“Go and sit quietly and think about what you just said Mummy” When your own words come back to haunt you

My three year old has come out with some corkers over the last 2 weeks, so it got me thinking about how much children imitate us and gauge what language to use; moulding their responses based on the vocabulary we have (often unwittingly!) given them.

I cringe so much at some of the things Aubrey says, knowing it has been taken from my barely coherent rants in moments of intense anger and frustration (when he has hit his baby brother over the head with a Duplo ‘hammer stick’ he has made for the 22nd time and I can’t seem to come up with any more reasonable or calm responses) and I am filled with a rainbow of happiness when he repeats thoughtful and kind phrases in his super cute little boy voice (“look Leo’s using a fork by himself, aaarrr he’s so cute, well done Leo!!”).

Here are some of the highlights from our house this last fortnight, hopefully they will make you smile/laugh/not feel as bad if you have sometimes said things to little people that you INSTANTLY regret…


This has been screamed at me several times recently and my reactions have been to:-

  1. Laugh. This did not impress him. His temper exploded after I laughed. I would not recommend laughing in the face of a child telling you off.
  2. Ignore. This reaction didn’t really work as he repeated it louder and louder until he was crying with snot exploding from his tiny nostrils like miniature volcanoes.
  3. I went and sat on the naughty step. I did this out of pure desperation and…..hurrah! It worked!! He started laughing and backtracked saying “oh no mummy I didn’t mean for you to do it, lets go back and play”. He actually hasn’t said this since so I think I won that one.

“GO and sit quietly and THINK about what you just said Mummy”

If I’m being honest I don’t even remember how I responded to this as it was said in the middle of a barrage of ranting from him over breakfast one day when I had only gone and given him the exact breakfast he had asked for and when he said he didn’t want it and I reminded him very gently it was exactly to his VERY specific instructions, he came out with this line. I think we spent about 50 minutes at the breakfast table that day.

Like butter wouldn't melt

Like butter wouldn't melt

“Go to your room - I don’t want you in this room at the moment”

So cringey typing this one as it sounds so harsh (not as harsh as it sounded coming out of his little mouth). I was in a fairly harassed mood when he said this and I will admit (with my hand covering my face as I type this as it sounds so bad) I replied “I really wish I could Aubrey- I would love some time on my own in my room but that's never going to happen is it?!” Bless him, he then half screamed/half pleaded with me to stay and not leave him - which almost definitely broke my heart a little bit.

“Going to bed isn't an option Mummy. Watching another Abney and Teal is the only option available at the moment”

I definitely laughed at this one. For about 5 minutes. An then eventually he started laughing and after another 5 minutes listened to reason and came willingly upstairs to do his teeth. I started doing the ‘option’ thing when I read an article at the time Aubrey started having ‘terrible twos’ (can someone with older children tell me when this ends please as 1.5 years on I’m still waiting) about giving toddlers controlled choices so they feel they have some decisions in their power; even though they can’t decide not to drink anything all day for example). It did work for us but I think now he’s too old for it and just finds it funny to say it sarcastically back to me, which I’m fine with as he delivers the line pretty well for someone who doesn’t yet grasp knock knock jokes.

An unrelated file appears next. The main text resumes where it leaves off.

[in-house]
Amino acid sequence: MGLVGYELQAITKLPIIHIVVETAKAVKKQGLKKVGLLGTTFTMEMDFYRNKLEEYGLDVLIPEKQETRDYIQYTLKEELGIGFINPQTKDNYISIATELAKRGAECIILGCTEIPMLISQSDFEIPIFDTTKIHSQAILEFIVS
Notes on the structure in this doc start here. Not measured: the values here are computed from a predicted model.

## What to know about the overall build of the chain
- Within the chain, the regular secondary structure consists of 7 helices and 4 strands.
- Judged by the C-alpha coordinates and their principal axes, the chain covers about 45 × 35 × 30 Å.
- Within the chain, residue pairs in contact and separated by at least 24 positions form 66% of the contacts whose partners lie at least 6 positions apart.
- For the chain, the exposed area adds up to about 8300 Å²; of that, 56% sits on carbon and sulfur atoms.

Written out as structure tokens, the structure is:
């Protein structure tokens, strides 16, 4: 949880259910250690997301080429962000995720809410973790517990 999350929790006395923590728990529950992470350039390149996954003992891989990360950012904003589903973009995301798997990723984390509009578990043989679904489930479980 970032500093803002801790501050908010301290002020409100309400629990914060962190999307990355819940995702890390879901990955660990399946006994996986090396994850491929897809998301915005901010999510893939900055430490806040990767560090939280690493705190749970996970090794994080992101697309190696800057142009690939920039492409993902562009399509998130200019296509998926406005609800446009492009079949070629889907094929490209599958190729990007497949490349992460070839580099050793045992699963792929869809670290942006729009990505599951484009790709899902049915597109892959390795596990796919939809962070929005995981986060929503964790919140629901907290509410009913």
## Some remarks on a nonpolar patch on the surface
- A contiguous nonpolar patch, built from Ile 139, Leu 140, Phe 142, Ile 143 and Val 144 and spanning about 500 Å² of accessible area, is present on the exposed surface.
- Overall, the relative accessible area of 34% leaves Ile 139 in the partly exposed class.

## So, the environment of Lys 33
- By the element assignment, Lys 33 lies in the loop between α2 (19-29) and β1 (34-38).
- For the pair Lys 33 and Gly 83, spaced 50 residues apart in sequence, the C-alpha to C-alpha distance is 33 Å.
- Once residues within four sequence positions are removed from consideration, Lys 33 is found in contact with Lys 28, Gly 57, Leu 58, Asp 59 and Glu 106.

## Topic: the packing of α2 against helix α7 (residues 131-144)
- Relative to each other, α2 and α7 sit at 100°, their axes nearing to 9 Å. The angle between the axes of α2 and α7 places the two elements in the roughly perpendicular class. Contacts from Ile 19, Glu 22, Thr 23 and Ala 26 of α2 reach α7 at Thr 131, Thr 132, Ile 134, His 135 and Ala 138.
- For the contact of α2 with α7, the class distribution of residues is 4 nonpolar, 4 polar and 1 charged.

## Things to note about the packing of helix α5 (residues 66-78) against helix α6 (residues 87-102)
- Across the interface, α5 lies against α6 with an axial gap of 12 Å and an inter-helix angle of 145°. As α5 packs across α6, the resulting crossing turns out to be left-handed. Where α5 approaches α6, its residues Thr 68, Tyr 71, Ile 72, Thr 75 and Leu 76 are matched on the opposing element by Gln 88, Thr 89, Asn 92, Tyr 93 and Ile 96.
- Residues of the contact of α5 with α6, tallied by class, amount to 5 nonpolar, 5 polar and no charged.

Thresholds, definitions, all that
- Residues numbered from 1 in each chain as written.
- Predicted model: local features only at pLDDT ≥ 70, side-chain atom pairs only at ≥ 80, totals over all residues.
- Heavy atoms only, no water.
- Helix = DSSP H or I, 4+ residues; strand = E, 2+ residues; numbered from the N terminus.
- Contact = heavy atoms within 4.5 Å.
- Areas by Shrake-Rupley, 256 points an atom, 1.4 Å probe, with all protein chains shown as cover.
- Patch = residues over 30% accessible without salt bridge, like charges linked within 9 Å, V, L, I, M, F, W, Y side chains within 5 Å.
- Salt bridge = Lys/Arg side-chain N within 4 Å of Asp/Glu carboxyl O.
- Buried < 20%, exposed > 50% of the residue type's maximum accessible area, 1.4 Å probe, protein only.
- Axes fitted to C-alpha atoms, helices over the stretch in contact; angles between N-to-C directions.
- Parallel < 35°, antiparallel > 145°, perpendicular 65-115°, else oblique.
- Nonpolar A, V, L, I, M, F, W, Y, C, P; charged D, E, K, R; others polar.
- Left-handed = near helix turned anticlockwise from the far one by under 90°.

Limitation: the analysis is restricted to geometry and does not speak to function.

“uuuhh (enormous sigh) Jesus Christ”

This has been mumbled while struggling to do a zip up, exclaimed indignantly when told he couldn’t have another biscuit and extravagantly sighed when Leo his baby brother knocked over his Mega Block dinosaurs AGAIN. My only reaction to this is to ever so quietly snigger into my sleeve, then find a reason to leave the room and belly laugh to myself before returning fully composed to the room. All I am going to say here is - this is not one of mine; I don’t say this, so I am not going to tackle him on it when he decides to throw it into conversation. Anyway, it would be a comic waste if he stopped saying it.

So what is the morale of this story? Well, I am glad that Aubrey said these things to me. Why?? you may be asking - when it made for horrible screamy/whiney situations and awkward/repetitively painful conversations trying to unpick why he was saying them and how we both felt. But it was such a quick and effective way to hold a mirror up to me and the way I have been telling him off and how it actually FEELS when another human being says things like that to you. And it is NOT a nice feeling (albeit sometimes hilarious coming from a tiny person’s mouth).

Did I manage to fit any sewing lessons with Aubrey in between these lovely episodes? No I did not; the only needle he got close to this week was the ones being pricked into his arms for his booster  jabs. I have to say he dealt with this amazingly well but said to me in a miffed tone of voice on the drive home “I didn’t like it when that nurse scratched at my arms like that - that wasn’t very nice of her was it, I wonder why she did that to me”. So I suppose you could say he’s currently developing his moral compass. And I need to try to live by the rule that if I wouldn't want him to say it to me, I should probably hold my tongue until I come up with some alternative phrases that I wont be embarrassed about if he shrieks them out in the middle of John Lewis.  

Em x

Emma Cruickshank